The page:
AGOURA HILLS, Calif.-Michelin and Pirelli tied for the ``best overall'' position among 12 passenger tire brands ranked in this year's Original Equipment Tire Satisfaction Study by J.D. Power and Associates. According to the Agoura Hills-based marketing information firm, it was the first time in the eight-year history of the study that two tire manufacturers have tied for the top spot.
In the light truck tire category, Michelin stood alone at No. 1, followed closely by Bridgestone, only one point behind.
The study's results were based on the opinions of 15,347 consumers, who were surveyed a year after their purchase of a new vehicle and asked about their OE tires. The questions covered brand awareness, loyalty, product quality and performance, Power said.
In the passenger vehicle category, comprising cars and compact vans, 12 brands were rated by enough consumers to be ranked. After Pirelli and Michelin, which have both topped the category in previous years, Continental placed third in what Power called ``a stellar performance,'' followed by BFGoodrich.
The remaining eight brands fell below the industry average and Power declined to identify them.
Last year, Michelin led the passenger vehicle category, followed closely by BFGoodrich. Pirelli, Goodyear, General and Uniroyal were all at or near the industry average. Continental was not ranked in 1995 due to an insufficient sample size.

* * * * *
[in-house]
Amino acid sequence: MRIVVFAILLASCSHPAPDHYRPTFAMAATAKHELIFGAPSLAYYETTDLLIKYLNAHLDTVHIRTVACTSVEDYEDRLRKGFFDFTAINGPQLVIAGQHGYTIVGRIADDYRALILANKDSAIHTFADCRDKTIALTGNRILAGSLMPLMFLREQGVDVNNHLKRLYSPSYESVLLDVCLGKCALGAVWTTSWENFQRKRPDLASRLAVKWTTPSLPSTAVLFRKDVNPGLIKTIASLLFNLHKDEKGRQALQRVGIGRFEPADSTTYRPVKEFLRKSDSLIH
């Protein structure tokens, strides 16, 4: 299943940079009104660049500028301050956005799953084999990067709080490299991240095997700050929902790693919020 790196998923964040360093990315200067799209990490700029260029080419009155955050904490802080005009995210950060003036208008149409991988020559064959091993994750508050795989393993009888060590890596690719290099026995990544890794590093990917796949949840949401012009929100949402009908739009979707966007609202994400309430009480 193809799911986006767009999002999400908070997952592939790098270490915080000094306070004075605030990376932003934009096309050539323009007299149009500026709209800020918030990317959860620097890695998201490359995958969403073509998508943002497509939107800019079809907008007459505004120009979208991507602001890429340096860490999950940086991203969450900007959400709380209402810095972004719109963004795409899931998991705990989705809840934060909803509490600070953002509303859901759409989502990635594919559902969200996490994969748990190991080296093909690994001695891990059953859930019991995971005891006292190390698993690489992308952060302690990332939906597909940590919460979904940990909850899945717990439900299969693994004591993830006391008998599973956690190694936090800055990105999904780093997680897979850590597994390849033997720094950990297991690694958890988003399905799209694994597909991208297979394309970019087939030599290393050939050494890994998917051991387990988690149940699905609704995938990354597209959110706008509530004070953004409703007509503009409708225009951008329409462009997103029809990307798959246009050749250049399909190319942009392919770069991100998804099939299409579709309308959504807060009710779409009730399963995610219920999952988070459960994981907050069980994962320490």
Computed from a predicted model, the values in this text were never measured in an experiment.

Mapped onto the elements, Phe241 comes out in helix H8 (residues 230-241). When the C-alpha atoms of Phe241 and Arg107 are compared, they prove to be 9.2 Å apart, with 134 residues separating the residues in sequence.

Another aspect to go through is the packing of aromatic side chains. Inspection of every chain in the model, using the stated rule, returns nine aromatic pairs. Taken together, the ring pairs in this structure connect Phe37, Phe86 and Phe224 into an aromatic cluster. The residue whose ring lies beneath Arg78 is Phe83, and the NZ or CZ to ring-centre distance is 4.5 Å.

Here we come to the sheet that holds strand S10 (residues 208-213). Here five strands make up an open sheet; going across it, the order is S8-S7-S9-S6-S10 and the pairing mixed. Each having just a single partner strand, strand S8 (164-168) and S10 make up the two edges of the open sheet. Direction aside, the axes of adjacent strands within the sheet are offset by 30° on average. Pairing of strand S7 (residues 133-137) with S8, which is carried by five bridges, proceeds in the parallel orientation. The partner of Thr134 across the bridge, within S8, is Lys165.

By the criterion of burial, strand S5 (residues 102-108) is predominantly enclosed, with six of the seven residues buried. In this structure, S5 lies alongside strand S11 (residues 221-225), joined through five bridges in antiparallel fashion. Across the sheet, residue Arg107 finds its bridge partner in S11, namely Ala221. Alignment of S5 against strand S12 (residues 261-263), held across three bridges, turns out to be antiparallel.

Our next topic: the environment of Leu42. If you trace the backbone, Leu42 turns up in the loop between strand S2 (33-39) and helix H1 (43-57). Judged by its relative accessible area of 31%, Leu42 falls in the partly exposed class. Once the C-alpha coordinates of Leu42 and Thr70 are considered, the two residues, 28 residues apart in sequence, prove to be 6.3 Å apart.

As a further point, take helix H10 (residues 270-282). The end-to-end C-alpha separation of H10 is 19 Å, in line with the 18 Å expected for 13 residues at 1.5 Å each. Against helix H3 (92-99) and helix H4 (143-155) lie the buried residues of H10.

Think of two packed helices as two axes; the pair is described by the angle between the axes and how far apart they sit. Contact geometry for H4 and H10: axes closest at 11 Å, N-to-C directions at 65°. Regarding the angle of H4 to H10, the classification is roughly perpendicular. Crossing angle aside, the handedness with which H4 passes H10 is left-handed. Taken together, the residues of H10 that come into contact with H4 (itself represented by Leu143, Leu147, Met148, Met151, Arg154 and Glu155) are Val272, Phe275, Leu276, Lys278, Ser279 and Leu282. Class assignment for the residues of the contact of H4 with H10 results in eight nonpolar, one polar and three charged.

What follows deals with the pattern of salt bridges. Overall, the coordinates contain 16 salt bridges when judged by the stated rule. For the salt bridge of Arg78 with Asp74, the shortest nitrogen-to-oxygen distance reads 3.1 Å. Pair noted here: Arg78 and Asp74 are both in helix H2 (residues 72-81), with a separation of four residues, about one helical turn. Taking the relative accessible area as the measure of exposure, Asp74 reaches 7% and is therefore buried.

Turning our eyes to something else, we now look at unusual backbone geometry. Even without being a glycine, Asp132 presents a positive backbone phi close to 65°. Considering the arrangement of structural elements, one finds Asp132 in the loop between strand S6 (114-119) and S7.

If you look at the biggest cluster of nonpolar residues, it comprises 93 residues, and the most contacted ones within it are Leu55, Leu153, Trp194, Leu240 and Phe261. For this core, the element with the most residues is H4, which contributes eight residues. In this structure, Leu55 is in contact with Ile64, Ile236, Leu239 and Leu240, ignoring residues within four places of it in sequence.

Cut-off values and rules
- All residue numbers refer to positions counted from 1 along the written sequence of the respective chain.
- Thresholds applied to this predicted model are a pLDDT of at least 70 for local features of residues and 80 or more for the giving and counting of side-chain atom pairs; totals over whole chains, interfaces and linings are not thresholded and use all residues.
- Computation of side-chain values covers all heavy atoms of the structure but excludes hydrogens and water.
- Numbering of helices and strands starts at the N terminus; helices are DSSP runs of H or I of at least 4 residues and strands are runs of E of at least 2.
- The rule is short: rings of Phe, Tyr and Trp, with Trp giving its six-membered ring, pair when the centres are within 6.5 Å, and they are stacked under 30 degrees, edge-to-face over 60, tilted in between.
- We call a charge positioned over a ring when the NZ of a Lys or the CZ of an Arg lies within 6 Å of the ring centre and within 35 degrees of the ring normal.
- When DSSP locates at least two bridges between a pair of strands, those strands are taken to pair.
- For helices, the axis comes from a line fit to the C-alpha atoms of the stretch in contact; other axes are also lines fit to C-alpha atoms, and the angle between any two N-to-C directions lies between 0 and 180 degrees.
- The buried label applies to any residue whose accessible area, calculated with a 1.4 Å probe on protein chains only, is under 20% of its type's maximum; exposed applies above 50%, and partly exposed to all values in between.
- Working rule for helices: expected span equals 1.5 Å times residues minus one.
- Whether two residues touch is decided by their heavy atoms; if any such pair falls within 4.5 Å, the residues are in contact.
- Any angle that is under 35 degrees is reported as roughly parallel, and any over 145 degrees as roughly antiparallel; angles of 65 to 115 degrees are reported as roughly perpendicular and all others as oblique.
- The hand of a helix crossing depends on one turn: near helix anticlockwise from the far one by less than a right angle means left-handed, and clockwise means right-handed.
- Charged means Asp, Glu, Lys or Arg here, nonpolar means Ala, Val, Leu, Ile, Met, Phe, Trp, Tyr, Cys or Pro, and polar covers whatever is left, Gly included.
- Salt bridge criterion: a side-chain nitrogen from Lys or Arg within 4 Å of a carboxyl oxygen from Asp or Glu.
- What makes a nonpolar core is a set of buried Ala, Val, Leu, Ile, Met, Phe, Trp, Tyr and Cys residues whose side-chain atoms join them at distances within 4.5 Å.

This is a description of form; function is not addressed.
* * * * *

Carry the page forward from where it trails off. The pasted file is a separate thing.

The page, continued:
Power ranked eight brands this year in the light truck category, which includes compact and full-size pickup trucks and sport utility vehicles, as well as full-size vans.
After Michelin and Bridgestone, Firestone and Goodyear placed third and fourth, respectively. The remaining four brands fell below the industry average and, again, were not identified.
Last year, Michelin placed a close second to Yokohama in the light truck category, followed by Bridgestone, Goodyear, Firestone and Uniroyal. Yokohama did not make this year's ranking due to an insufficient sample size, Power said.
More than 70 percent of the consumers in the 1996 OE Tire Satisfaction Study agreed that the tire brand on their new car or light truck was ``very important,'' said Lee Nauert, J.D. Power's manager of tire research.
However, about 40 percent of those who had to replace a tire during the first year of vehicle ownership chose another brand-``looking for better performance in longer mileage, traction and handling characteristics,'' he said.
``Nearly 10 percent of consumers replace an average of two original equipment tires in the first year, at an estimated cost of more than $160 million,'' he said.
Owners of luxury cars and large basic automobiles recorded the highest levels of OE tire satisfaction, particularly in the areas of tire safety, style, ride and wear, Power revealed. The firm suggested that may, in part, be due to the fact that many of these vehicle owners are among the older respondents in the study, ``who may remember tires that did not perform nearly as well as today's higher-tech lines.''
The lowest satisfaction was reported by owners of compact cars and full-size pickups, Power said.
According to the study, vehicle makes shod with the most satisfying OE tires were: Acura, Buick, BMW, Cadillac, Chrysler, Jaguar, Lexus, Land Rover, Lincoln and Mercedes-Benz.